“Sabi ng dalawang kaibigan ko noon mabilis at madaling pagkakakitaan ang trabahong alam nila”, he wearily said. “Akala ko mag-waiter ako noon sa isang restaurant kaya sabi ko payag ako. Wala kasi akong pagpipilian noon eh”, he added.
They were a group of six, barely knowing the names of his other companions they headed for their next destination in Maharlika building. His friends told him to wear nice clothes and spray perfume all over his body. They said its part of the package. One of his newly-found friends introduced him to a gay salon hairdresser. Only then he knew that he was not going to be a waiter after all.
“Pinilit lang nila ako kasi nandidiri talaga ako noon, pero inisip ko na lang na kailangan ko ng pera”, he said. “Pero noong natikman ko na, masarap din pala, kaya pinag-enjoyan ko na ang mga bading… wala namang nakakakilala sa akin sa Baguio ”, he jokingly added.
He started to enjoy the job because he earns. At around nine in the evening he starts to walk in the dimly lighted path walks of the park staring at every prospect that passes by conversing with them like a sensor scanning if they would hire his special services or not. Doing the job almost every night for two years now makes him an expert on distinguishing who’s a good paying customer or not.
There are times when they are mistaken as best buds like they have never seen each other for a long time. Some of his parokyano are can hardly be distinguished if they’re homosexuals or not. But most of the time, Ben admits that the long-haired, cross-dressing ones are his daily customers. He added that they pay well too. They even add tips if he does something extra special to them like hold their hands or kiss them in public.
Ben would earn about three hundred per customer for short time quickies in the nooks and crannies of the park. “Yung mga hindi na talaga makahintay, diyan na lang sa sulok-sulok na madilim puwede na”, he uttered with a forced laughter. But most of the time most of his customers like to check-in in the numerous inns and lodges in the city that offer short time rentals. “Hindi ko tinatagalan kasi kailangan makarami ako sa isang gabi hanggang umaga”. He added.
One time, his father visited him in the rented house with his fellow callboys. “Sabi ko sa tatay ko nagtratrabaho ako sa SM sa isang restaurant dito”, he said. His father believed him and even wished him luck in his job. He also sends money to his other siblings in the province. He never forgets to send money for them because he knows they really need it there.
However, his job as a male poseur always comes with danger. The danger of contracting Sexually Transmitted Diseases and abusive customers are just few of the perils he has to face each day. He would remember then when a policeman whom he thought would catch him was also gay and just wants him for free.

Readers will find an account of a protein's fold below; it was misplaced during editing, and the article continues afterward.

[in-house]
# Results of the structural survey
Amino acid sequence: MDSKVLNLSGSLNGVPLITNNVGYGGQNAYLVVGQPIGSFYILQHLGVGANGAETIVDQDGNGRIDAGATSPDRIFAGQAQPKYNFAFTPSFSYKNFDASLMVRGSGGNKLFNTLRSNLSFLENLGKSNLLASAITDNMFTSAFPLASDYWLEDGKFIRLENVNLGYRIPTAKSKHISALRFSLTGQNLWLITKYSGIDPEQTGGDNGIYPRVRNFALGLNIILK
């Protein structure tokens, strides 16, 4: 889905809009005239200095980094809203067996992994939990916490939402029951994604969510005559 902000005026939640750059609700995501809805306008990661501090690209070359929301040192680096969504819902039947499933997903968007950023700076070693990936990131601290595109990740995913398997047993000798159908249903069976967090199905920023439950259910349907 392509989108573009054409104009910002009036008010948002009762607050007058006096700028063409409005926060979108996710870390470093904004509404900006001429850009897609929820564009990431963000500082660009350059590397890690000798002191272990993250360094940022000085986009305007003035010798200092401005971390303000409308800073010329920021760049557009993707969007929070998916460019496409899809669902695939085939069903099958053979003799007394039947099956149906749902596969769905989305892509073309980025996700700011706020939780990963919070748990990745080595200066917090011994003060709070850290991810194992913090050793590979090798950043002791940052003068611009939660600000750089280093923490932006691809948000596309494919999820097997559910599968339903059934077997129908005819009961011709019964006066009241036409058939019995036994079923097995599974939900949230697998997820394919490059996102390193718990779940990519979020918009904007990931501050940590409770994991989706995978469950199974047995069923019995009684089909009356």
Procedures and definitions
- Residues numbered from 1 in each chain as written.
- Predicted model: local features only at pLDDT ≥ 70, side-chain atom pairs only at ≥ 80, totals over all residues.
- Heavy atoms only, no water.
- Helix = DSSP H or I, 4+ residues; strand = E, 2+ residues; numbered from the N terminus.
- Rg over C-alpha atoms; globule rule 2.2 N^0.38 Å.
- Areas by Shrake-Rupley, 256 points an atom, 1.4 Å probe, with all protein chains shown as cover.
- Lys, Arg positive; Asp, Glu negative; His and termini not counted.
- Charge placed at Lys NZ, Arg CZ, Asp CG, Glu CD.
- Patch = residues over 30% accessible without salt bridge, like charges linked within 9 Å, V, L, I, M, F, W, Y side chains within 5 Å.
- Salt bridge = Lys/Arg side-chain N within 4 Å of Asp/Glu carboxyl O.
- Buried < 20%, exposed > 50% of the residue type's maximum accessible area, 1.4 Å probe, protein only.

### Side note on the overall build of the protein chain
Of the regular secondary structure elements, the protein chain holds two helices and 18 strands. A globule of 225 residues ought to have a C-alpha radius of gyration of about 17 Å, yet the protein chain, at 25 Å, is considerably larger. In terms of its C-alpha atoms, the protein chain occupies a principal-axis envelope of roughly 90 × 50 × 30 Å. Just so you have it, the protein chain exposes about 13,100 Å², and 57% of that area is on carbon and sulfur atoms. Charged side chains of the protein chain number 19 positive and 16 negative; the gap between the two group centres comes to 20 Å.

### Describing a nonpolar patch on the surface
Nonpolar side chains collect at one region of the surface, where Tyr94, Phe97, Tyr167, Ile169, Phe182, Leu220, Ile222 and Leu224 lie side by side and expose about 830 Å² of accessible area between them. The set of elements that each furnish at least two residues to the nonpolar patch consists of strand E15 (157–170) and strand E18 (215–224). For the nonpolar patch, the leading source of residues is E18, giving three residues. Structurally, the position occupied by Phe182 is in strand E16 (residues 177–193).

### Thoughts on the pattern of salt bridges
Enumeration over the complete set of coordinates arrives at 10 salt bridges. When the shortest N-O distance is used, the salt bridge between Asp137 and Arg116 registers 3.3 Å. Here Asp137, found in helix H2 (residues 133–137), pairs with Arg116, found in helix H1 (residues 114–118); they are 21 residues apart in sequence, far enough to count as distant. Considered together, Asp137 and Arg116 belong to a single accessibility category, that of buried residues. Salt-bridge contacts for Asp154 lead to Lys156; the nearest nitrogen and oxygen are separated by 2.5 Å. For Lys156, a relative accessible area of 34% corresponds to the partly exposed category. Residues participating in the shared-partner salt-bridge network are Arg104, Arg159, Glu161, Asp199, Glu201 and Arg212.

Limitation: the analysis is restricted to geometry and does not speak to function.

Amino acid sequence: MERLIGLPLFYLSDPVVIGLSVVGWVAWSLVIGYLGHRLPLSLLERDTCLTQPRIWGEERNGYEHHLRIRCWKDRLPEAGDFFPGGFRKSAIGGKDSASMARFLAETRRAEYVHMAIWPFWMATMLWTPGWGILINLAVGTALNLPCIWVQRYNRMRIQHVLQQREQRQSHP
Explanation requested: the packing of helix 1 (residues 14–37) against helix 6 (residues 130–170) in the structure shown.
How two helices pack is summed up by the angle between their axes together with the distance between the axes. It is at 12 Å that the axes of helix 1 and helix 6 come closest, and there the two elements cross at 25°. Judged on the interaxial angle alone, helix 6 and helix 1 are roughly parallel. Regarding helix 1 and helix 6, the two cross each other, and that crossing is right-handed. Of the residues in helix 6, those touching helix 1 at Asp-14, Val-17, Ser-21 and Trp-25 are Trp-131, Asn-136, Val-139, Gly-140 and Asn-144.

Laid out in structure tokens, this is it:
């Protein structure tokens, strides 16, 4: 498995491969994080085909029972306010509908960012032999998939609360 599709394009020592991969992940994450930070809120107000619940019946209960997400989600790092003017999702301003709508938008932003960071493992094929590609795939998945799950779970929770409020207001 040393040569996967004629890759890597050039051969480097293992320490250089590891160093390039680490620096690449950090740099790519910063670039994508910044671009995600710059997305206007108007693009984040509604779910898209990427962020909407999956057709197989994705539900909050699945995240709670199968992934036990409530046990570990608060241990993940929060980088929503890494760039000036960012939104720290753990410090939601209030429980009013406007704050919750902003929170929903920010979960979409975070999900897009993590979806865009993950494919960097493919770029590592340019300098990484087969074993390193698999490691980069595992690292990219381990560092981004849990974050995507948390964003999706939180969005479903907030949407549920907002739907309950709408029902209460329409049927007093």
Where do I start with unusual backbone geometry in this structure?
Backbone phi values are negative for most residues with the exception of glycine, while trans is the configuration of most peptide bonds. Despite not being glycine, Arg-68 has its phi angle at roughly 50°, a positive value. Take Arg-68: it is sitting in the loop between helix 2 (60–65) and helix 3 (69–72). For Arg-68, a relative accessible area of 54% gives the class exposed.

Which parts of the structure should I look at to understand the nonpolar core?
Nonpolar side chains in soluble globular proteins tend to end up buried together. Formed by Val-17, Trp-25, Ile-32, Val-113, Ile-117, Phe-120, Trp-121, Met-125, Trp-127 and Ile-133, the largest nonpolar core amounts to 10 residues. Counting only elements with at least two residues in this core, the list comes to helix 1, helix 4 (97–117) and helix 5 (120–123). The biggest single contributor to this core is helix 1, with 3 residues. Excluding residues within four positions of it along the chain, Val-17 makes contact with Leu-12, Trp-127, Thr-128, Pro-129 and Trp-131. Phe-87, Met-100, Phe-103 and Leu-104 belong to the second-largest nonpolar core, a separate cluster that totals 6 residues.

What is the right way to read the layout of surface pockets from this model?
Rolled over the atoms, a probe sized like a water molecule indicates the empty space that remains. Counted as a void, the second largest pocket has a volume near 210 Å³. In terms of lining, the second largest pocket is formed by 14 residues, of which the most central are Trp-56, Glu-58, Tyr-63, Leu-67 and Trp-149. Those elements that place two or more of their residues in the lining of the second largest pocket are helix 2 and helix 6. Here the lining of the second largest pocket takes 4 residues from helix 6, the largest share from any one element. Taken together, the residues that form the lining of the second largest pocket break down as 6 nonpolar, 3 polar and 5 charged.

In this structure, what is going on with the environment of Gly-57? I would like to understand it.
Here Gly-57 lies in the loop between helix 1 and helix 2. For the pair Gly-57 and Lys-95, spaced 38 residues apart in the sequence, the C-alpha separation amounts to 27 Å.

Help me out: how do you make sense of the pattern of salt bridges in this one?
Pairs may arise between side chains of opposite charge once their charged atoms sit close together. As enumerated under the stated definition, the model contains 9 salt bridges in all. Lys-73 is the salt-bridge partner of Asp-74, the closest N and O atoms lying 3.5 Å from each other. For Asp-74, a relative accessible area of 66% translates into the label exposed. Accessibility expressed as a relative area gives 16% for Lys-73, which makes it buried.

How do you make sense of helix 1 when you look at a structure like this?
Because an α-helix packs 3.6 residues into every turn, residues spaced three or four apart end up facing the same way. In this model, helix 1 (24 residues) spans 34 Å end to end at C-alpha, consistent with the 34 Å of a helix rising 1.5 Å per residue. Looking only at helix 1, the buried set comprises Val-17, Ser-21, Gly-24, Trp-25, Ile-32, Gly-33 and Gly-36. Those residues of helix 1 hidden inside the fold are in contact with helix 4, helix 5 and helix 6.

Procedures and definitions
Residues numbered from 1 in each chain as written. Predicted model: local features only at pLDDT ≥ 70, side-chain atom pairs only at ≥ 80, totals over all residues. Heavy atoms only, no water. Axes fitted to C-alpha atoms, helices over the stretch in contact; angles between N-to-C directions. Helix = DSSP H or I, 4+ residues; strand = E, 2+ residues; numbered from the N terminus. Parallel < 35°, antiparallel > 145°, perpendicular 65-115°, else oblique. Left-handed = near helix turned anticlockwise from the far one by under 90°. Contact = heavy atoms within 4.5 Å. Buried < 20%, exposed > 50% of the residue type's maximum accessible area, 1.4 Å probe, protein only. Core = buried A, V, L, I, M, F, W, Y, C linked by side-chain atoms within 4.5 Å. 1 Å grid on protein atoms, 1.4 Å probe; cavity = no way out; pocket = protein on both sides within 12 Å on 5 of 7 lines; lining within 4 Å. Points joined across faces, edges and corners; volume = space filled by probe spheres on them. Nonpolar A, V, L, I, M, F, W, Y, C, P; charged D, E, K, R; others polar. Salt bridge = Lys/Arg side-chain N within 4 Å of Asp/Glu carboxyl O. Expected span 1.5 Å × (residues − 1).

“Hindi ko makalimutan noon yung pulis eh. Papalapit siya noon akala ko huhulihin niya ako pero bakla pala siya. Mga edad 38 hanggang 40 siguro siya. Tinira niya ako…bakla pala siya”, he disgustingly answered. Ben was hesitant to narrate the rest of his experience with the policeman.
Ben is just one of the many poor people being thrown into difficult situations because of joblessness and extreme poverty. Prostitution is the world’s oldest profession. Many people still do it in order to feed themselves and their family. How many more are just like Ben hiding in the dark corners of parks hooking up with customers? For now, Ben still continues to be a nocturnal creature. Walking along the parks, he continues to listlessly glance at every person that might need his services in order to satisfy their uncontrollable urges and sexual fantasies.
It's actually a common call boy story but I believe the lessons of this story is skin deep. It will pierce one's soul and explain why some people because of poverty will sacrifice everything in order to eke out money for the day.
Here's a poem I've written about Burnham Park and Ben:
Malalim na ang gabi
Pauwi na ang mga tao
Siguro ay hinog na ang panahon
Para lakarin ang Burnham Park.
Sigurado’y tiba-tiba ang kita.
tamisan ang pananalita
para maraming parokyano
ang muling maaki’t madala
sa matipunong katawan
at mapanlinlang na dila.
Tuesday, September 4, 2007
This work is licensed under a Creative Commons Attribution-Noncommercial-No Derivative Works 3.0 United States License.This policy is valid from 17 May 2007 This work is licensed under a Creative Commons Attribution-Noncommercial-No Derivative Works 3.0 United States License.This policy is valid from 17 May 2007